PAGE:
Amanda, we are delighted that you have discovered Allan Savory’s grazing systems. Jay, we don't know what your purpose is in saying that Savory's system doesn't work, but it has changed our lives and vastly improved our land. The thing that doesn't work is overstocking without giving the land an opportunity to rest and the forages time to grow back stronger and healthier. Back in 1989, in a twelve-acre pasture that was overrun with invasive pasture weeds, we began using the Savory system, also known as management-intensive grazing. The key word here is management, not intensive. We divided that pasture into twelve one-acre paddocks using inexpensive portable posts and polywire electric fencing—low input technology. Twenty-plus heifers grazed that twelve acres, staying on each paddock for about three days before we rested it and let it grow back. By the time the last paddock was grazed, the first one had re-grown, with many fewer weeds and much better quality fescue and clover predominating. By the end of that summer, having repeated the grazing process and adjusted the grazing times according to available moisture, we found the paddocks were covered in healthy, diverse and desirable forages, and the noxious weeds had disappeared. The heifers had shiny, healthy coats, and were growing and developing extremely well. Today, substituting a few inexpensive single-wire semi-permanent fences, we are still using that field for grazing in that same way, and have added a means of watering the heifers in the paddocks using extra profits they have generated. A waterway that had washed out in the middle of the field during seven years of drought in the 1980s is now an invisible part of the pasture. Savory’s system allowed us to increase the number of cattle we can feed on the same amount of land. We had 35 cows and calves, no steers, and a few bulls for sale on about 100 acres in 1989, and had to herd them wherever we wanted to move them. Over the past fifteen years, we have been able to take about 100 acres land out of row crops and convert them to pasture, and have tripled the number of cows in our herd. They follow us whenever we call them. With the help of about 100 to 150 acres of row-crop land where we usually winter our cattle on soybean stubble, corn stalks and cover crops, we can now run 300 head of cows, calves, steers and bulls on about 200 acres of gently rolling permanent pasture. We can do this here in the upper south, without the use of any chemical fertilizers and no irrigation. Our main inputs are for legume seeds, which help to feed the grass and improve the quality of the beef in our grass-finished steers. Wintering the cattle on crop land and feeding hay there also greatly improves soil quality and crop yields. Fencing off the riparian areas and leaving them sown down has protected the waterways and prevented erosion far better than no-till farming could ever do. Grazing has built topsoil, improved tilth, and increased the penetration of water into the soil so that flooding is far less of a problem downstream from our pastures. The grazing system and management Savory advocates works, and could indeed save the world from starvation. Even poor folks (which we were at the end of the 1980s) can do it.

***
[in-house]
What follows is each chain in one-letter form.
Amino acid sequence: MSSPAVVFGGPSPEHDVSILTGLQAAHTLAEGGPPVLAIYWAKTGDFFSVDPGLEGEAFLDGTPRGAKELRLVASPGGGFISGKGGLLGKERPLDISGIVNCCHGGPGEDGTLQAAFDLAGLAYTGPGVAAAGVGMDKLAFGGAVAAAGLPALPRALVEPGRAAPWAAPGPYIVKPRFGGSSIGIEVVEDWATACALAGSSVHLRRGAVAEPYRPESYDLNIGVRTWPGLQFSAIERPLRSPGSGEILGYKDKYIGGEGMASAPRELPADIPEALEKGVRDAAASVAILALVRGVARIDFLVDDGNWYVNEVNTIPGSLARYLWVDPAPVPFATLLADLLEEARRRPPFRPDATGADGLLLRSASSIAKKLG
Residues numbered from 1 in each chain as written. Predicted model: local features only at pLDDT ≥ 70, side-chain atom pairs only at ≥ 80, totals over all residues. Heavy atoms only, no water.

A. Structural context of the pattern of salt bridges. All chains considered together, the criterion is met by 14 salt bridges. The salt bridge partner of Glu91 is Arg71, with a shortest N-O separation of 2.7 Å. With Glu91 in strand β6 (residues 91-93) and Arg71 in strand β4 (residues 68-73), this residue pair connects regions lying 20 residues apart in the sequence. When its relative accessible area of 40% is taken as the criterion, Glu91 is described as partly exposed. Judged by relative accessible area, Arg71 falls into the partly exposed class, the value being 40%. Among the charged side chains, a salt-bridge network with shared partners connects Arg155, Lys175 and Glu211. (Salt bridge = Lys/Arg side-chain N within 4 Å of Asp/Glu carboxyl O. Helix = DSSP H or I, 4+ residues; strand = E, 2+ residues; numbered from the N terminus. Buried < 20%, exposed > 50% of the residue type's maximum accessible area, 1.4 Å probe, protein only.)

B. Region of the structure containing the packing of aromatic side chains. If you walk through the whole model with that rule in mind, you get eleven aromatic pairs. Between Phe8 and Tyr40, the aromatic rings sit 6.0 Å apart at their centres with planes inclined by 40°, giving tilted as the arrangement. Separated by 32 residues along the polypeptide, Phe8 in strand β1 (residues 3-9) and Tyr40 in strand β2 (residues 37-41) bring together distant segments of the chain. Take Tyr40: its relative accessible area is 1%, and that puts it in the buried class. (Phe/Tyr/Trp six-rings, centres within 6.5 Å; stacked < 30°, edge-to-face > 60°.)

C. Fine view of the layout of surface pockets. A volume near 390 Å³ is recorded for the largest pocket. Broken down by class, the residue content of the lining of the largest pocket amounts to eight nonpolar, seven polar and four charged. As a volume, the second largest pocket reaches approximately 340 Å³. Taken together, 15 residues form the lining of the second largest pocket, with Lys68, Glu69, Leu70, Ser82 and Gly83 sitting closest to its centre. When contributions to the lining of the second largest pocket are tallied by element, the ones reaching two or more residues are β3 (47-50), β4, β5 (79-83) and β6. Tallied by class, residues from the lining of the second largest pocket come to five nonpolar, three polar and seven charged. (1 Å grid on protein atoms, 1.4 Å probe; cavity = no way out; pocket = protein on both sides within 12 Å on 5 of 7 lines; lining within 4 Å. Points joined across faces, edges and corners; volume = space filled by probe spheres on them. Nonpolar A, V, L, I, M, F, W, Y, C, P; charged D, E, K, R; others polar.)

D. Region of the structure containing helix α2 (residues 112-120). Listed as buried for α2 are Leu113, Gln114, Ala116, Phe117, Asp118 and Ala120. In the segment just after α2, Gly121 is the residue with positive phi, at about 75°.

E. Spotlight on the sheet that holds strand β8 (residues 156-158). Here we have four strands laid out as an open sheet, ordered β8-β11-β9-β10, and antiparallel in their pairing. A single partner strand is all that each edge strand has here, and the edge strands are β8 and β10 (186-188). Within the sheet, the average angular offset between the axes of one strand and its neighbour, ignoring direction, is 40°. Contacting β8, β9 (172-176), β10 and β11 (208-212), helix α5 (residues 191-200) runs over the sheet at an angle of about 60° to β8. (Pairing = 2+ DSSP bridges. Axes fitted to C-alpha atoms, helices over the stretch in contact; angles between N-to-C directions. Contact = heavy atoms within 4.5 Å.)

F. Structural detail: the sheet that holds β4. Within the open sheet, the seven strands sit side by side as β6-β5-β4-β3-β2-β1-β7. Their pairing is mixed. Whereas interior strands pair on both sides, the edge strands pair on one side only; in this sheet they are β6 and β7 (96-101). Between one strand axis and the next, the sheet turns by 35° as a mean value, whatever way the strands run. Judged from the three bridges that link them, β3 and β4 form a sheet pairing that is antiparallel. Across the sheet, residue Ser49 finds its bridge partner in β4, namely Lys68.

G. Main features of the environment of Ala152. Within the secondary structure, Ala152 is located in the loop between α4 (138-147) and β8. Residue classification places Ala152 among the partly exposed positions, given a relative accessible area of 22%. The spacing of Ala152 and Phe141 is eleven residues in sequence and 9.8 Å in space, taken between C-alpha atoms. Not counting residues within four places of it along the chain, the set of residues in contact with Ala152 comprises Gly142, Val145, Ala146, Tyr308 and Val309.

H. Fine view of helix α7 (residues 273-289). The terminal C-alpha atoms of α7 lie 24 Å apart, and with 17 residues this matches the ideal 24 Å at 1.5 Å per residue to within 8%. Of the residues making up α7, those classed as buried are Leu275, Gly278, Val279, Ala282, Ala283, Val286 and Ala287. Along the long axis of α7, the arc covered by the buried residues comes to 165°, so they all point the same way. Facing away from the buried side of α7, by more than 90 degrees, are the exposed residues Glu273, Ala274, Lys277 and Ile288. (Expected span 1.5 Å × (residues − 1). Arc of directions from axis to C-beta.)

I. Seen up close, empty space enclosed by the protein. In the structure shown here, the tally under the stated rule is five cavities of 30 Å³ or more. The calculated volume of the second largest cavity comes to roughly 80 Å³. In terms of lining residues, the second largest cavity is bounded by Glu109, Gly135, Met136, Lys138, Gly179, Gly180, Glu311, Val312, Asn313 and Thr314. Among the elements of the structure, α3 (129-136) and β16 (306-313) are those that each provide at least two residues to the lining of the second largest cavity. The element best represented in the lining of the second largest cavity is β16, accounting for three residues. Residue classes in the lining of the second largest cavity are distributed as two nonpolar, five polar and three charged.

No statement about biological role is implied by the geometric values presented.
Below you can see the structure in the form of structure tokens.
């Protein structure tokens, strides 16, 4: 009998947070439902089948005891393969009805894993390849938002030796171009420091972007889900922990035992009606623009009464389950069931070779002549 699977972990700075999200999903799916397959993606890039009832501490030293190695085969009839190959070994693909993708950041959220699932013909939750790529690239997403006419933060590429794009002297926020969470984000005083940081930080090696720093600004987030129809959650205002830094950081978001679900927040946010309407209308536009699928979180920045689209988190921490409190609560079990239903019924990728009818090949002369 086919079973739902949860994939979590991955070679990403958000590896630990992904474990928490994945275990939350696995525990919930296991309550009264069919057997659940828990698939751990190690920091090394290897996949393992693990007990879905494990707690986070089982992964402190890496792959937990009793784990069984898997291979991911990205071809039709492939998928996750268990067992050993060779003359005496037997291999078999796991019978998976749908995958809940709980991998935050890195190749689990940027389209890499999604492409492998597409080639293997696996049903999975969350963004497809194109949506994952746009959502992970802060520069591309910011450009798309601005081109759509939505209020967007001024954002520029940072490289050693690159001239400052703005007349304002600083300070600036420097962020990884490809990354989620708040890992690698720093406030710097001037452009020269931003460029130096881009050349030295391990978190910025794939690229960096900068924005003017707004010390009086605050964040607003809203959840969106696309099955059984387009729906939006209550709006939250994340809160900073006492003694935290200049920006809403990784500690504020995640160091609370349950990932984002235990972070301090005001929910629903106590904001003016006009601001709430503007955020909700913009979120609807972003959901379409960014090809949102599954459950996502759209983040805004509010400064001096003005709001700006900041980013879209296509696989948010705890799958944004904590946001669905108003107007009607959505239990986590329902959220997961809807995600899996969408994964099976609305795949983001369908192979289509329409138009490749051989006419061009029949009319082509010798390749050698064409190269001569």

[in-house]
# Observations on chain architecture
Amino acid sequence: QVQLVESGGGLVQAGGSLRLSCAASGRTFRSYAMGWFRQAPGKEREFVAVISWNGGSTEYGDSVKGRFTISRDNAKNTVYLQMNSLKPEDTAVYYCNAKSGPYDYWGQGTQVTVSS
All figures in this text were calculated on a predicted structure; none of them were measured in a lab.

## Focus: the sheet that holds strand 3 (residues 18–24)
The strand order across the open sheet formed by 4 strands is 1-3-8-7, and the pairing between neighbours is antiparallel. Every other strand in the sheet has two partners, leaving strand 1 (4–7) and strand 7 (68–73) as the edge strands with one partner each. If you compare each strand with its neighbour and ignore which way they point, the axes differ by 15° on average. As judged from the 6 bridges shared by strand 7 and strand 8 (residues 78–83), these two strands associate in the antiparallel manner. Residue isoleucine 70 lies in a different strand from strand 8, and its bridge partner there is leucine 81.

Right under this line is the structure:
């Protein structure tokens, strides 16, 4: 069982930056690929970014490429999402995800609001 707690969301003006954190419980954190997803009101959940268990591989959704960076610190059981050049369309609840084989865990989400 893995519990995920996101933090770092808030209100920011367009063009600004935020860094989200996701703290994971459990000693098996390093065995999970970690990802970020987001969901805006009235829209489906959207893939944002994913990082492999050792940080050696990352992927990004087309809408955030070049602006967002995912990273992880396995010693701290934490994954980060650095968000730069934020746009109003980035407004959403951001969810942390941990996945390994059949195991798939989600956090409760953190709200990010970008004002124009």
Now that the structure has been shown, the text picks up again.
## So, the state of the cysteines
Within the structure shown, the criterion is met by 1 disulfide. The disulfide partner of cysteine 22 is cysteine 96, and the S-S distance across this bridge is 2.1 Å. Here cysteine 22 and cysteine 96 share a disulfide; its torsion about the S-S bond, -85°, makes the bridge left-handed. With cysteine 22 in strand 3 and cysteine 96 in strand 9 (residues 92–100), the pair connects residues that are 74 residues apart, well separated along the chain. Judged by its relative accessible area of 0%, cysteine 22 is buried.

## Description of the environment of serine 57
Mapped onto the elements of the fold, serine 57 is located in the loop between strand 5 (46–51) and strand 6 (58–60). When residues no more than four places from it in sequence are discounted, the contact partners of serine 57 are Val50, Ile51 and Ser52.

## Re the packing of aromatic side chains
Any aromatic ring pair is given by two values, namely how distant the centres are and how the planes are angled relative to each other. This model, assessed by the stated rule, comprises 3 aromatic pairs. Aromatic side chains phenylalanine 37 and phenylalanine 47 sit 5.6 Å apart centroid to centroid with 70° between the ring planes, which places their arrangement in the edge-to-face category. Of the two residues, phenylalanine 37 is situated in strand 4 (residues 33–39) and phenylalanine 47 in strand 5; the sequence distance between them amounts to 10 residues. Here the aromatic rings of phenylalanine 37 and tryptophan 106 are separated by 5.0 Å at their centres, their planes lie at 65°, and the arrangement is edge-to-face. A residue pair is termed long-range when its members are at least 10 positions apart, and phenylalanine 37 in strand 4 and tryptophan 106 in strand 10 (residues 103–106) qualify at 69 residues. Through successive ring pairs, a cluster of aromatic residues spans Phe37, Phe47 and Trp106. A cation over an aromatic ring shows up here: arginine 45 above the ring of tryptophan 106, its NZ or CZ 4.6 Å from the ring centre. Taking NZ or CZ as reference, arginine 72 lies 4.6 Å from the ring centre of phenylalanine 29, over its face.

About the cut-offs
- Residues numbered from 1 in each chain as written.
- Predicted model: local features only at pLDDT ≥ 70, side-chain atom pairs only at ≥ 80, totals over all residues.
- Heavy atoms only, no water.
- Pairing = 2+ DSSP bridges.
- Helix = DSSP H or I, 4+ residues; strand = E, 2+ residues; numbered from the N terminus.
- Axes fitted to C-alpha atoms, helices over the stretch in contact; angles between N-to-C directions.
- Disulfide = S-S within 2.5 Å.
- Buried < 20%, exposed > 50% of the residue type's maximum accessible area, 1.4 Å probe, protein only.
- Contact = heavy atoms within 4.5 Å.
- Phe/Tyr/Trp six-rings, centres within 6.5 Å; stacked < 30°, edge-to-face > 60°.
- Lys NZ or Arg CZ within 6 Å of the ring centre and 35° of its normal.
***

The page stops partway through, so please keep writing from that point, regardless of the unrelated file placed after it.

Anonymous (not verified)
on Apr 2, 2014

Savory has had some success improving the environment with grazing. That doesn't mean that all cattle grazing improves the environment.